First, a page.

In order to obtain a better understanding of issues related to solubility analysis in the laboratory, for which the literature only provides data for dissolution in freshwater, comparative tests were performed in Cedre’s laboratory with seawater and distilled water.
These tests showed that styrene dissolution was two times higher in freshwater than in seawater (40 mg/L compared to 20 mg/L in the test conditions), which should lead us to reconsider the reference value of 200 mg/L.
Outdoor experiments were conducted to determine the behaviour of styrene when spilt at the seawater surface (release of 10 litres of styrene at the surface of a 10 m2 water body with an agitator).
A particular focus was placed on studying the evaporation and dissolution kinetics, as well as the possibility of polymerisation.
In terms of explosion risks due to evaporation, the values measured remained below the detection threshold of the detectors (two explosimeters of different brands) throughout the experiment. The tests conducted by the Brest fire brigade on the gases emitted did not significantly indicate the presence of styrene in gas state (use of Dräger tubes). We note however that a strong styrene odour was emitted from the test tank.
The samples taken to assess the dissolution process revealed the evolution of styrene concentrations in the water column. This curve reached its maximum after 18 hours. By the end of the test, no styrene was left at the water surface while dissolution was no longer possible at this time.
The maximum value of 6 mg/l is far lower than the reference values available in the literature (around 200 mg/l).
The distribution of the styrene at the end of the experiment was as follows: 99.4% in the air and 0.6% in the water column.
The capacity of styrene to polymerise in marine conditions was studied. It appears that after around 2 hours of contact time, styrene can form micro-emulsions. The appearance of the product in this new form was close to that of a polymer but the tests showed that it was still the initial styrene monomer.
In these test conditions which were designed to be as realistic as possible, the principal behaviour of the product was therefore evaporation. The dissolution process was very limited (maximum value of 6 mg/l) and in all cases was far lower than the reference value in the literature (dissolution of up to 200 mg/l).
No explosion risk was detected or values in the atmosphere in excess of 10 ppm. However, given the difference in scale with a large-scale spill at sea, these values cannot be presumed to be representative of those reached in the case of a real spill. Finally, no polymerisation phenomenon was detected; the formation of micro-emulsions due to wave action could explain the particular colouring of the styrene and could lead operators to believe it is a different product.
What is described here is only applicable to the conditions and duration of the tests conducted. These results are therefore only intended to provide an indication. The product may behave very differently after being under pressure, possibly in partial contact with water, then rising to the surface where it will be exposed to real sea conditions. It is essential to take samples on site to dispel doubts.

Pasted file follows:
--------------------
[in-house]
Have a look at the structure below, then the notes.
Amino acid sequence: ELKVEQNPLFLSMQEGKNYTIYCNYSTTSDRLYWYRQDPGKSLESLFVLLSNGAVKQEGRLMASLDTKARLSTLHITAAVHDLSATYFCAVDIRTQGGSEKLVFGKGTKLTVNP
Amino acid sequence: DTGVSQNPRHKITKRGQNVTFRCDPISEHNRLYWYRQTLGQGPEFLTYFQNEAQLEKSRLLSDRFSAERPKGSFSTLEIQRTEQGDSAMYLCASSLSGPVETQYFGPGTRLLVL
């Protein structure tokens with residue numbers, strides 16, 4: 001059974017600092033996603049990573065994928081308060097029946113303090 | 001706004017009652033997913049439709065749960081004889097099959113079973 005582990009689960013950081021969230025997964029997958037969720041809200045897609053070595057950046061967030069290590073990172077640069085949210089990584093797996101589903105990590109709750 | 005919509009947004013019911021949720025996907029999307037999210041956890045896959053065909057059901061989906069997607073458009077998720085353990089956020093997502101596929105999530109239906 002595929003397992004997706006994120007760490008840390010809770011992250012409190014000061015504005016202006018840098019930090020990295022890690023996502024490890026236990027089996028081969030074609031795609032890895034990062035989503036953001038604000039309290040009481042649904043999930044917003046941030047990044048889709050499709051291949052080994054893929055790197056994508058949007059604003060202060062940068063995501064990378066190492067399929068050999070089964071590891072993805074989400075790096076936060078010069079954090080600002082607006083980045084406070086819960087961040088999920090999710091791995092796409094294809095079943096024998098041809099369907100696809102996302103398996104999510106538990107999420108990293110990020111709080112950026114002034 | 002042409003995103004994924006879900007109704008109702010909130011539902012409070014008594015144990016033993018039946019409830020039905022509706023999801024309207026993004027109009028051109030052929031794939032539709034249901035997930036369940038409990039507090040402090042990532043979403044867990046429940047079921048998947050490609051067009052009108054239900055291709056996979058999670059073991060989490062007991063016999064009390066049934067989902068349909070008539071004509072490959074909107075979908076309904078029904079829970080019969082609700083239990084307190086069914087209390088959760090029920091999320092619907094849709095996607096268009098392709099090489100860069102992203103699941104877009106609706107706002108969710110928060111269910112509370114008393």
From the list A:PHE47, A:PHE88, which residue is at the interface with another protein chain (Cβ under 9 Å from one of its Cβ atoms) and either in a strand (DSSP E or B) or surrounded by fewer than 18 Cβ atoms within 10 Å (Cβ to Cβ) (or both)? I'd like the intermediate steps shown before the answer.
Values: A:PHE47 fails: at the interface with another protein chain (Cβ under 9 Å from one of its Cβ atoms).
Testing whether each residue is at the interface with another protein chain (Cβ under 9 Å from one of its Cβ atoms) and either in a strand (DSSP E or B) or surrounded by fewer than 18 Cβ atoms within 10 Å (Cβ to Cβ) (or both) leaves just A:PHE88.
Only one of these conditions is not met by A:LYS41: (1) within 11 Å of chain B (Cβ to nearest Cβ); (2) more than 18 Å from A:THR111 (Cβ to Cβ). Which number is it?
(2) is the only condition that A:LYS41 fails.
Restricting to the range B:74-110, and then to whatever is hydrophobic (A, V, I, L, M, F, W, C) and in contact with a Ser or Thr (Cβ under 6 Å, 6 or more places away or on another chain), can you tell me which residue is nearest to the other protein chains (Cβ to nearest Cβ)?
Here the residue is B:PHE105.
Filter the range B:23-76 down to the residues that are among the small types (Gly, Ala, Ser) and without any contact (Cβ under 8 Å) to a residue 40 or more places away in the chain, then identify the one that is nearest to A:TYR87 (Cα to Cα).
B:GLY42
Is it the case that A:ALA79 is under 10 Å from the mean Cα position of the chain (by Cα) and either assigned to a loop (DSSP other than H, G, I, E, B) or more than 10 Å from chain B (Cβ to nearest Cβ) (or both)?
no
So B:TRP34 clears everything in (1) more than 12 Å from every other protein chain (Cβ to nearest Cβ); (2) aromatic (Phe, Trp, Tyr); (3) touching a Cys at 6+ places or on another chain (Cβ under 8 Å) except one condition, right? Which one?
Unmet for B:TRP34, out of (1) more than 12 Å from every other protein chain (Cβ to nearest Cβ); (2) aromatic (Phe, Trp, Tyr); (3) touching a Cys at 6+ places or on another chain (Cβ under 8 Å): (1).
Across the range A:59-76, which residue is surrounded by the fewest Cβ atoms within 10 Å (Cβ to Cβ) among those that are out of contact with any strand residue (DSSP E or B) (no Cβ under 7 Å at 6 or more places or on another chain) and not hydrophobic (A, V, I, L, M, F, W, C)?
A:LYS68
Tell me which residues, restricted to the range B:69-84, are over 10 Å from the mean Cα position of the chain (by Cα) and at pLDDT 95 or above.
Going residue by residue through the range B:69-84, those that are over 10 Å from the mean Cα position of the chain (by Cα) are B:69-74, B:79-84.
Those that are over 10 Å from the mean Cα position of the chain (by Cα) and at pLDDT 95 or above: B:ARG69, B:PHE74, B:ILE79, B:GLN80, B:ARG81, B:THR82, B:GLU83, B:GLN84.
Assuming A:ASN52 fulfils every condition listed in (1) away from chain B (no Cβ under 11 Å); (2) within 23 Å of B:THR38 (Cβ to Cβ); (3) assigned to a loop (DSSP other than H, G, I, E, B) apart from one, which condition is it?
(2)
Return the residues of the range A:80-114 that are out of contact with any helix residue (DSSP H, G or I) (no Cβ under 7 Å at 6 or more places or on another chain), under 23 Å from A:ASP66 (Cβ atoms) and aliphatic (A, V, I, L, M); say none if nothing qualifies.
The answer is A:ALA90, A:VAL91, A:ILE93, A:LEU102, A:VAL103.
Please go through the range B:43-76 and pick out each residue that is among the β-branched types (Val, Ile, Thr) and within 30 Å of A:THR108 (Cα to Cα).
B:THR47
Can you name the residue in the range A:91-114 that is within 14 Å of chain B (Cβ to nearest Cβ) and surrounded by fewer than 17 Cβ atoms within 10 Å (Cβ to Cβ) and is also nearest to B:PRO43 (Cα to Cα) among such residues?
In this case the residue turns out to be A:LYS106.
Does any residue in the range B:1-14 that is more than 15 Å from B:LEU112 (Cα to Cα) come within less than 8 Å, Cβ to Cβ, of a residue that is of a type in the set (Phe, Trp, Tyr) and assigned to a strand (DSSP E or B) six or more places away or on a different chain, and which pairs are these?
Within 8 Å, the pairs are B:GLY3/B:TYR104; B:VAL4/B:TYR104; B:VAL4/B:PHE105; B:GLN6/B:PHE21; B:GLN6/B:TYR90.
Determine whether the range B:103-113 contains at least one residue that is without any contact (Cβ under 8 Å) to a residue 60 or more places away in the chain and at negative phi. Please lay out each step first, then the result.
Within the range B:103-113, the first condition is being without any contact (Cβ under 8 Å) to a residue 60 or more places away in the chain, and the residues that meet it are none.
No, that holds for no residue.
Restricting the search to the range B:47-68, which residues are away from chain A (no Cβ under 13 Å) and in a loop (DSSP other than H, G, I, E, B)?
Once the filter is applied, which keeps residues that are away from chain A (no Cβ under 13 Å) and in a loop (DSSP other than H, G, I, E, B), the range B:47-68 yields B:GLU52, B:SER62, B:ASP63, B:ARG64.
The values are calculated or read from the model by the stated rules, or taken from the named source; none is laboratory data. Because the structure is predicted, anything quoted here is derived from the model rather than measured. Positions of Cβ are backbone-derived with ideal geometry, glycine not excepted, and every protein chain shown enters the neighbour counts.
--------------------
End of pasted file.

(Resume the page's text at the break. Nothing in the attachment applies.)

In addition to these outdoor tests, laboratory testing was also conducted to confirm the composition of the styrene, which we were informed by Shell was 99.9% pure with:
- 12.7 mg/kg of stabiliser (PTBC),
- 0.9 mg/kg of polystyrene,
- 36 mg/kg of aldehyde,
- 3 mg/kg of peroxide,
- less than 0.2 mg/kg of chlorine,
- less than 0.2 mg/kg of sulphur,
- 75 mg/kg of water.
The message received from SHELL on 1st November 2000 specified that all these components were typical of styrene under the ASTM standards in force.
Additional information on styrene: according to CEFAS (UK Centre for Environment, Fisheries and Aquaculture Science), styrene should not polymerise in less than:
- 170 days at 15.6°C
- 1 year at 4-5°C
This information therefore gives a window of at least 7 months without polymerisation in the temperature conditions expected on site.
Results of the tests conducted for the polymerisation study in marine conditions, some of which were conducted in an outdoor test tank and the others in the laboratory.
160- and 200-litre stainless steel tanks were immersed in an outdoor test tank filled with seawater to detect any initial signs of polymerisation of the product, with:
- stabilised styrene in a completely air-tight tank (Pf),
- stabilised styrene in a tank left slightly open via a small drainage outlet (Po),
- stabilised styrene in a completely open tank (Go),
- non-stabilised styrene in a completely open tank (Go ns).
The tanks were immersed on Friday 22nd December 2000. Analysis was conducted based on the protocols provided by Shell Chimie.
In the laboratory:
A reduced scale test was carried out in the laboratory at 30°C, in two stainless steel beakers:
- one with stabilised styrene and water circulation,
- the other with stabilised styrene without water circulation.
In the outdoor test tank, only the styrene without a polymerisation inhibitor, in large-scale contact with the water, showed the beginnings of polymerisation, although still very minor (1%) (Figure 1).
As concerns the styrene with an added polymerisation inhibitor (pTBC), no polymerisation was detected. However, it is important to note that the pTBC concentration dropped considerably for the styrene in the open tanks (Figure 2).
In the laboratory:
After 10 days of immersion in water at 30°C (temperature at which polymerisation initiates faster), the styrene in the beakers had still not polymerised, whether with or without agitation.
After 70 days, the two volumes of styrene showed polymer contents slightly in excess of 1%.